What is fibre-reinforced plastic (FRP)? What are the materials used as fibre and polymer in FRP? Read further to know more.
Fibre-reinforced plastic (FRP) (also known as a fibre-reinforced polymer) is a composite material made of a polymer matrix reinforced with fibres.
Composites are established as an alternative material system to traditional materials such as steel, wood, aluminium and concrete.
Bakelite was the first fibre-reinforced plastic.
Materials used as Fibre in FRP composites
Glass, carbon, basalt or aramid and at times fibres such as paper, wood or asbestos are also used.
Materials used as Polymers in FRP composites
The polymer used is usually an epoxy, vinylester or polyester thermosetting plastic or phenol formaldehyde resin.
Manufacturing of FRP Composite Material
FRP involves two distinct processes, the first is the process whereby the fibrous material is manufactured and formed, the second is the process whereby fibrous materials are bonded with the matrix during moulding.
The following procedures are used to create FRP composite material, depending on the type of component being created:
- The process of pultrusion is used to create FRP composites with a regular and uniform shape, such as bars, beams, and rods. The fibres are pulled through a heated steel die to mould it into the required shape after being saturated with resin and drawn through.
- Filament winding: This method is mostly used to make parts for tanks and pipes. To create the appropriate shape, long filaments of fibre that have been wet with resin are twisted around a mould.
- Hand Lamination: Hand lamination is a low-cost technology used to create complex forms like the hull of a boat and an airplane’s fuselage. Over a mould, the fibres are arranged in a fabric, which is then wet with resin.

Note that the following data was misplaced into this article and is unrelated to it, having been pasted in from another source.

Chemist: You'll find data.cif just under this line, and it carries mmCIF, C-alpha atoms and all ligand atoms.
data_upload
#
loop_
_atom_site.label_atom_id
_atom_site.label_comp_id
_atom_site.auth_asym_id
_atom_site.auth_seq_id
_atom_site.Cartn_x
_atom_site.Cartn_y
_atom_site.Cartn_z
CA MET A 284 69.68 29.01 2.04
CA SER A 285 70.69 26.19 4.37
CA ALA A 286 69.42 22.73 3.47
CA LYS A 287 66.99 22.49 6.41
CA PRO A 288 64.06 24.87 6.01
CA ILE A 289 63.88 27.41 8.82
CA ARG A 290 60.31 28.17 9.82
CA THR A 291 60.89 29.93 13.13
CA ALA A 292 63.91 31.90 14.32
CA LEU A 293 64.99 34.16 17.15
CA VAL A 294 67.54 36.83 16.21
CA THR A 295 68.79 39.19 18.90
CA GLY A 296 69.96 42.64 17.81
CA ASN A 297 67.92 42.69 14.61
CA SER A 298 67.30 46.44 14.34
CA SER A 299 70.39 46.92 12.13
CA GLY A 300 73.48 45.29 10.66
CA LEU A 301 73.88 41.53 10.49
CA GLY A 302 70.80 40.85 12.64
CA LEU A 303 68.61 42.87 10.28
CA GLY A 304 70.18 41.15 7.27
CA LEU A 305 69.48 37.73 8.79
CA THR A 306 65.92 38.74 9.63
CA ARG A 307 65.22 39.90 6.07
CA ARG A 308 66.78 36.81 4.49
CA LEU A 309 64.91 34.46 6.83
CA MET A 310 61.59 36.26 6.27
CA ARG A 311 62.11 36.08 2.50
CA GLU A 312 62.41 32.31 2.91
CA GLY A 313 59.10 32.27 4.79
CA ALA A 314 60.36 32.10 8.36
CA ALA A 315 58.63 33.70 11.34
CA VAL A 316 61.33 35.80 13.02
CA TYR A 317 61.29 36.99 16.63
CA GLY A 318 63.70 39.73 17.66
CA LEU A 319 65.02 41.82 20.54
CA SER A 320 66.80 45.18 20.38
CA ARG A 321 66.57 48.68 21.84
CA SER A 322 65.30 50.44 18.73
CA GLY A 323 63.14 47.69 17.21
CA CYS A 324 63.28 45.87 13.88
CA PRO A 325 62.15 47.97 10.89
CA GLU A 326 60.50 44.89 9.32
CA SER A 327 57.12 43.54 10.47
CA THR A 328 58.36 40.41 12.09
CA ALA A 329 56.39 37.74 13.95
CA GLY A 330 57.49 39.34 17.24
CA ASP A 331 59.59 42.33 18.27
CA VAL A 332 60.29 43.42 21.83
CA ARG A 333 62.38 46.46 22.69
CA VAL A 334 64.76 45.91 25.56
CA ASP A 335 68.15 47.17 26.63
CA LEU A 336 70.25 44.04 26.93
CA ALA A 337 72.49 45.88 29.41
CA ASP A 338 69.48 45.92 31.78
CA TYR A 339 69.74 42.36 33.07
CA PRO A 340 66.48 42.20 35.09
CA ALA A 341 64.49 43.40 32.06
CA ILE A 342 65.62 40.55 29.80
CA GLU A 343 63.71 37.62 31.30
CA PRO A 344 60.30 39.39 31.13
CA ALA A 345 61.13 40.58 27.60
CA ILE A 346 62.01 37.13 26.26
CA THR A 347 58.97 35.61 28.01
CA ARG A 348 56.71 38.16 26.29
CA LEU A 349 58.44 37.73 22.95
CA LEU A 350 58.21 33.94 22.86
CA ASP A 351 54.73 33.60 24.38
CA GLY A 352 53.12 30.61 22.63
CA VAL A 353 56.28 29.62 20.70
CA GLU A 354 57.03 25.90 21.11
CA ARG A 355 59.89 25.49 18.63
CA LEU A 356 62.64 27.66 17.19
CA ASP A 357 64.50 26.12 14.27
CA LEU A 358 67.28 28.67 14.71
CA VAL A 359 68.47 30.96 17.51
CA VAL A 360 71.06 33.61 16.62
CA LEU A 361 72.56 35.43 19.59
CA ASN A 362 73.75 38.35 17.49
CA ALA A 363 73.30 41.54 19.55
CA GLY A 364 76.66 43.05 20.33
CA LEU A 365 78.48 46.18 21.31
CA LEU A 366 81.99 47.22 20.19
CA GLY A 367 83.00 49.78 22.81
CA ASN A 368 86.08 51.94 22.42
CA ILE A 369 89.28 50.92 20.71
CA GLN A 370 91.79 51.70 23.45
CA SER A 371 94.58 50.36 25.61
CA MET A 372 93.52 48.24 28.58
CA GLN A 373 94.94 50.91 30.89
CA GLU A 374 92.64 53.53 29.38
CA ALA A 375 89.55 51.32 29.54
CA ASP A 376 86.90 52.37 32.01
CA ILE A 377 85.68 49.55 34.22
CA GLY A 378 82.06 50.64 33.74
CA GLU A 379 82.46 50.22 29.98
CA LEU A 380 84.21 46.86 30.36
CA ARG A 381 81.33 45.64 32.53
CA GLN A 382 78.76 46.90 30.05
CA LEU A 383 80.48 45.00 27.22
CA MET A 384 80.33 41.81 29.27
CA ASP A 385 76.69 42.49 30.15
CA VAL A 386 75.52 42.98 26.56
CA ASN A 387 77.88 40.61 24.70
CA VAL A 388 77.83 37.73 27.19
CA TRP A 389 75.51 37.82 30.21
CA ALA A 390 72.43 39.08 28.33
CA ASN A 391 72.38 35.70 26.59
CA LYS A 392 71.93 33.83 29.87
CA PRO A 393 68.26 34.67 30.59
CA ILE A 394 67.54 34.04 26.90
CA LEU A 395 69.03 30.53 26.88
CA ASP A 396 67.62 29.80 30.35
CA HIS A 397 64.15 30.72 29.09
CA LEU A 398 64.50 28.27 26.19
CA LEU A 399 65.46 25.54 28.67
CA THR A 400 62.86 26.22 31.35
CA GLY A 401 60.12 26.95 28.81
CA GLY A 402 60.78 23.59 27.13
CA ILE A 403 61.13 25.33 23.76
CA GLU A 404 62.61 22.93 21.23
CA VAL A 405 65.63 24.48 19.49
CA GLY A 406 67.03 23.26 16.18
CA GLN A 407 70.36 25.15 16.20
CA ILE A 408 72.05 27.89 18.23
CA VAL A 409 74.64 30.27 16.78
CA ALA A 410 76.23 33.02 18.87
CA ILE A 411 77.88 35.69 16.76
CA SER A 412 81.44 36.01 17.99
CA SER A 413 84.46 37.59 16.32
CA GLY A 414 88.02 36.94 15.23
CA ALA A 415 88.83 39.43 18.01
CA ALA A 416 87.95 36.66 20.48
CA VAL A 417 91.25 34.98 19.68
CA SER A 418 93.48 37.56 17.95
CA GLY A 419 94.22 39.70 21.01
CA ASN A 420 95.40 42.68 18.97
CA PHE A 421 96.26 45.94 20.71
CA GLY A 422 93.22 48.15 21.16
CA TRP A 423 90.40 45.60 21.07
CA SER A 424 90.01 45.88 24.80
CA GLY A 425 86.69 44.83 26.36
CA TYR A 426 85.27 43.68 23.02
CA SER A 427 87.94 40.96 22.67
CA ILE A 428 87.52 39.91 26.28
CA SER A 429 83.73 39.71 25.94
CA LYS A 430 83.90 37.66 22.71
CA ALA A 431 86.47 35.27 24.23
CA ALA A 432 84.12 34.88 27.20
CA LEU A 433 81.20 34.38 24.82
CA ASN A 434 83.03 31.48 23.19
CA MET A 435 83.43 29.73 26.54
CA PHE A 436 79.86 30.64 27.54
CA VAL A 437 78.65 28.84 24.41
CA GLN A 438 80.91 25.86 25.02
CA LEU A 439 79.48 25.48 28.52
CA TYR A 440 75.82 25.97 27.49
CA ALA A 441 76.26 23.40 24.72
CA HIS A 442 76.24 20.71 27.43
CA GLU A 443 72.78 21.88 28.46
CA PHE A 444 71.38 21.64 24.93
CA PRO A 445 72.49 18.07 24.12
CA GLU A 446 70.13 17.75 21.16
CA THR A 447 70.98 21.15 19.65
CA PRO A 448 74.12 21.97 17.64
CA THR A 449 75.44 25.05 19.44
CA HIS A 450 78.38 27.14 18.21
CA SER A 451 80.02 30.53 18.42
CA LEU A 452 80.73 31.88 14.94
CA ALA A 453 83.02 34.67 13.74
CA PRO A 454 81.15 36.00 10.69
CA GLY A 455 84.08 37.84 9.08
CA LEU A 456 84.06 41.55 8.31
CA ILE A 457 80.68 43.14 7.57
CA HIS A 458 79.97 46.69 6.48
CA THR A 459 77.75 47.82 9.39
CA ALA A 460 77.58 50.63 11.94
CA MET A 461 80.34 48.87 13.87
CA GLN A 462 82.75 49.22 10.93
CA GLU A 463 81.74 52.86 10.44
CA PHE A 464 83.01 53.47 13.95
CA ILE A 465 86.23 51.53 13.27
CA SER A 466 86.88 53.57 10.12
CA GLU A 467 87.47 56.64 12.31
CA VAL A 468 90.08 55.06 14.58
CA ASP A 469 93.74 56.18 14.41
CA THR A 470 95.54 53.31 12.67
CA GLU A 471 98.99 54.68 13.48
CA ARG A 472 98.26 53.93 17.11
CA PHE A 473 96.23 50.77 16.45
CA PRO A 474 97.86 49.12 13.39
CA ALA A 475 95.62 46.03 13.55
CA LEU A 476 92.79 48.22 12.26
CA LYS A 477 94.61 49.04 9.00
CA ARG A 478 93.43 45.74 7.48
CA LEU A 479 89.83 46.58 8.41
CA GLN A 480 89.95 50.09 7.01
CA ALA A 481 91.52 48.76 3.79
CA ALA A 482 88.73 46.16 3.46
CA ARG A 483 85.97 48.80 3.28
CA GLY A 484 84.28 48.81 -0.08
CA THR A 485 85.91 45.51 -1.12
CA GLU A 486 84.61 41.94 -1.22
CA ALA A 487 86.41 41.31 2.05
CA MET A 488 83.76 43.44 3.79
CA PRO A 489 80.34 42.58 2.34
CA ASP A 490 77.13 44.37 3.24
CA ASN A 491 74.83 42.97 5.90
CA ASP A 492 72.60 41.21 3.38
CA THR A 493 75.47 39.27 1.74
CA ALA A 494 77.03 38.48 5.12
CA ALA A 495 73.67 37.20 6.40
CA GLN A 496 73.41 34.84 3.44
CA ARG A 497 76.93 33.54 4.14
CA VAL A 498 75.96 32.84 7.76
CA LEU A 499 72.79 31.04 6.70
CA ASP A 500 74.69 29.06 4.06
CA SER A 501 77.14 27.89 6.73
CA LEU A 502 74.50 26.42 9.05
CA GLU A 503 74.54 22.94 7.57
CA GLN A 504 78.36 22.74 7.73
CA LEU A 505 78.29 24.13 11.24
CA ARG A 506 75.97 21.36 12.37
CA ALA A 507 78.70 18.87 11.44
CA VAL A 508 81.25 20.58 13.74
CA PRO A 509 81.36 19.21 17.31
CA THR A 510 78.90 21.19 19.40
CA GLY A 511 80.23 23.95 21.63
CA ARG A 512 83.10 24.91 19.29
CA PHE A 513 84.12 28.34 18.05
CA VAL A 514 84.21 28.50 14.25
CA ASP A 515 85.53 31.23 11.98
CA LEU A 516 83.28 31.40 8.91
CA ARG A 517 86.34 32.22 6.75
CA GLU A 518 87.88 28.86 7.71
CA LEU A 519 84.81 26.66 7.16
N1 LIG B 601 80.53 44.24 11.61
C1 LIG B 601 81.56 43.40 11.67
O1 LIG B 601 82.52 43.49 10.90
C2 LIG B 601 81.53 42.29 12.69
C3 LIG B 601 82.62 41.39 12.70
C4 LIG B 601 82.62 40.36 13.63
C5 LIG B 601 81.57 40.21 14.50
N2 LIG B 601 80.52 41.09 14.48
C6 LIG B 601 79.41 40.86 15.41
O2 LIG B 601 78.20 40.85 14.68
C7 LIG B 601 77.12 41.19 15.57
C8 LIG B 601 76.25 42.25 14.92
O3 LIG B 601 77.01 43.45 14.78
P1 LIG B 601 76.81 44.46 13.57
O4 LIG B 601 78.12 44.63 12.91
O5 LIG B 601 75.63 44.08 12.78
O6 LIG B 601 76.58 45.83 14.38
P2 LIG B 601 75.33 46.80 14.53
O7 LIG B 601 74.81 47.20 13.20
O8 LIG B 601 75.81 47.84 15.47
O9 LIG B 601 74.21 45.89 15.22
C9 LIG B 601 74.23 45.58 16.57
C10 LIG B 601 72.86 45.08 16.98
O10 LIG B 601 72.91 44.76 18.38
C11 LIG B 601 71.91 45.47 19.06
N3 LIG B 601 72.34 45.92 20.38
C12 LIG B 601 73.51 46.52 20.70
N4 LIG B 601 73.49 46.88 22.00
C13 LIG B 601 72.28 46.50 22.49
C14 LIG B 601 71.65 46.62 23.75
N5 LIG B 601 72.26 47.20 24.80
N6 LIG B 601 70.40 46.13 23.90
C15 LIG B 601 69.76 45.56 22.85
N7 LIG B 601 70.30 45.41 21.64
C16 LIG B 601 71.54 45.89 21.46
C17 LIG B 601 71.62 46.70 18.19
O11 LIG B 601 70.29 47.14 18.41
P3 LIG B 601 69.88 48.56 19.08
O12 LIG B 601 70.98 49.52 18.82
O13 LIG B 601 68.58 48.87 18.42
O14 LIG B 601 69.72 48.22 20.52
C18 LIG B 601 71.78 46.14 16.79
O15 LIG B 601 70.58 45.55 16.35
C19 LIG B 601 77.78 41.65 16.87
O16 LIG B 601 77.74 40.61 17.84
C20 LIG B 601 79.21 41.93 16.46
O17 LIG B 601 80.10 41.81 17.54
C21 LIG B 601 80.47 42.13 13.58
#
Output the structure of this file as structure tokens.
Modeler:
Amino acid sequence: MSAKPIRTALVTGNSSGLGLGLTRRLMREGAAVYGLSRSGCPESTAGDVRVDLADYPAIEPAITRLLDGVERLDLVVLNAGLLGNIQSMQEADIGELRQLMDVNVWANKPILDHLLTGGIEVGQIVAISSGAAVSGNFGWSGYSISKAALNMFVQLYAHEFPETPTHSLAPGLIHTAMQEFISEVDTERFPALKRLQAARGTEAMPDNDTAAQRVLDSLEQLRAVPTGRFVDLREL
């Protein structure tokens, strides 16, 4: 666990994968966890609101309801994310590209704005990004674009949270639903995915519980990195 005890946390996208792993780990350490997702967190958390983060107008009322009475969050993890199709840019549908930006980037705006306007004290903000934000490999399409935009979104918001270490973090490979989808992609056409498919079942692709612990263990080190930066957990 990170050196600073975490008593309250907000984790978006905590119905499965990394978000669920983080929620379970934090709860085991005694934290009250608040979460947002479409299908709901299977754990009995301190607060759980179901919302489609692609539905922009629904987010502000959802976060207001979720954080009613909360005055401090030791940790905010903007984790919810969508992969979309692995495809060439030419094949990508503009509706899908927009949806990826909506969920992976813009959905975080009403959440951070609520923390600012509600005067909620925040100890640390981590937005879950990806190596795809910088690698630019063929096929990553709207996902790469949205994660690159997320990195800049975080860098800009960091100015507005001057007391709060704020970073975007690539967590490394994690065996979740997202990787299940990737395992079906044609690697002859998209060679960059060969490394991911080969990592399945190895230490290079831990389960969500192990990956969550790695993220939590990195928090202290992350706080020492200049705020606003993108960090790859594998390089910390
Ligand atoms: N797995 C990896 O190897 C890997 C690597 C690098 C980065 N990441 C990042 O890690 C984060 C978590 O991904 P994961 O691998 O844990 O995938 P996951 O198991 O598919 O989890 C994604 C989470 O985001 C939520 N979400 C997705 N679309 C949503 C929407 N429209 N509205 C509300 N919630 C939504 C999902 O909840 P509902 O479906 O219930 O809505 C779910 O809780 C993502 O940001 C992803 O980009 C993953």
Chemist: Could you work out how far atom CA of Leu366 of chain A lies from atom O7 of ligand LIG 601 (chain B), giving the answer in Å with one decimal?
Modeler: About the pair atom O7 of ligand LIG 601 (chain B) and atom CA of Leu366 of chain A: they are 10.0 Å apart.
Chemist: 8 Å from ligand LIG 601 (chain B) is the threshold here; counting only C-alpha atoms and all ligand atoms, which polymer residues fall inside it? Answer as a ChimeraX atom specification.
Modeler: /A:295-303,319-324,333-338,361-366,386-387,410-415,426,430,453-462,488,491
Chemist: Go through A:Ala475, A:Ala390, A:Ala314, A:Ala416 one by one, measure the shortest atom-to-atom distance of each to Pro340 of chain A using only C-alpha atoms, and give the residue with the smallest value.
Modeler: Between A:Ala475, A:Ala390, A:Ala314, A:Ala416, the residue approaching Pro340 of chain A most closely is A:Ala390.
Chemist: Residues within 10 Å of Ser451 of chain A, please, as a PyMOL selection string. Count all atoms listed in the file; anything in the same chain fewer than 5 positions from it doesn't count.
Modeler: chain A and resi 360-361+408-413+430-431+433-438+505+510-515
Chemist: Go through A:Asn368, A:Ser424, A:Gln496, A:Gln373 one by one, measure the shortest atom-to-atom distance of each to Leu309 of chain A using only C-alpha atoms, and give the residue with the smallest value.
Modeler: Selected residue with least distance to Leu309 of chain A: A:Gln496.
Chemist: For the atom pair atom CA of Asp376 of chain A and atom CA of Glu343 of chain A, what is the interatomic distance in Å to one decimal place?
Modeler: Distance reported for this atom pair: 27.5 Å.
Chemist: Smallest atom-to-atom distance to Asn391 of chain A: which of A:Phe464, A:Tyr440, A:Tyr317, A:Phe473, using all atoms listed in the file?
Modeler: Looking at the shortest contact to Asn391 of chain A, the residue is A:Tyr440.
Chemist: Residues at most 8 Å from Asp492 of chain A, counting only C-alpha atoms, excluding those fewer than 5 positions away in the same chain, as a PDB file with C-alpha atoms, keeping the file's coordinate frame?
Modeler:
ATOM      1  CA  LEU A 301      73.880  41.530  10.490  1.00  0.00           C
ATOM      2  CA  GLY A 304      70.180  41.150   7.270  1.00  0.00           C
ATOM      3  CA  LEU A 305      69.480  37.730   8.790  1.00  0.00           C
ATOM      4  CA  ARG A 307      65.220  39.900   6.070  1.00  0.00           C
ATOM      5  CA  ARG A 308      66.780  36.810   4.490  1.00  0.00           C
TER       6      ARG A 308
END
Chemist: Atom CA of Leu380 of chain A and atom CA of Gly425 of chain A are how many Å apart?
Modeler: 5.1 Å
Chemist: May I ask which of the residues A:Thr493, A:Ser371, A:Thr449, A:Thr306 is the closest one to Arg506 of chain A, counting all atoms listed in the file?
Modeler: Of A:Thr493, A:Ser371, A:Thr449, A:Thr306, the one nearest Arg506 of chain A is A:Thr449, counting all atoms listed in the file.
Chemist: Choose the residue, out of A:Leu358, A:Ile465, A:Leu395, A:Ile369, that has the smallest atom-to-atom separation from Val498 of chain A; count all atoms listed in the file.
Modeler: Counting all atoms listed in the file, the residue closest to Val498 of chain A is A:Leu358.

- Vacuum Infusion: Vacuum infusion is used to create FRP components that are incredibly light. To increase resin penetration into the fibre cloth, FRP components with resin and fibre are placed within vacuum bags.
Properties of FRP Composites
The fibre component of a FRP composite typically contributes the majority of the material’s strength. The matrix’s job is to contain the fibres and distribute forces among them. For instance, glass fibre, which often comes in the form of woven cloth or fibre mats, is stronger than steel for its weight. When mixed with epoxy resin, the resulting glass fibre composite is light, stiff, and robust.
The following are some of the most crucial characteristics of FRP composites:
- exceptionally light
- a strong tensile capacity
- resistance to corrosion and water
- Electrical conductivity resistance
- Chemical compound resistance
- enduring under UV
Applications of FRP in aviation and automobile industry
- Fibre-reinforced plastics are best suited for any design program that demands weight savings, precision engineering, finite tolerances, and the simplification of parts in both production and operation.
- A moulded polymer artefact is cheaper, faster, and easier to manufacture than cast aluminium or steel artefact, and maintains similar and sometimes better tolerances and material strengths.
UPSC Mains 2013 Question related to FRP
What is an FRP composite material? How are they manufactured? Discuss their applications in aviation and automobile industry: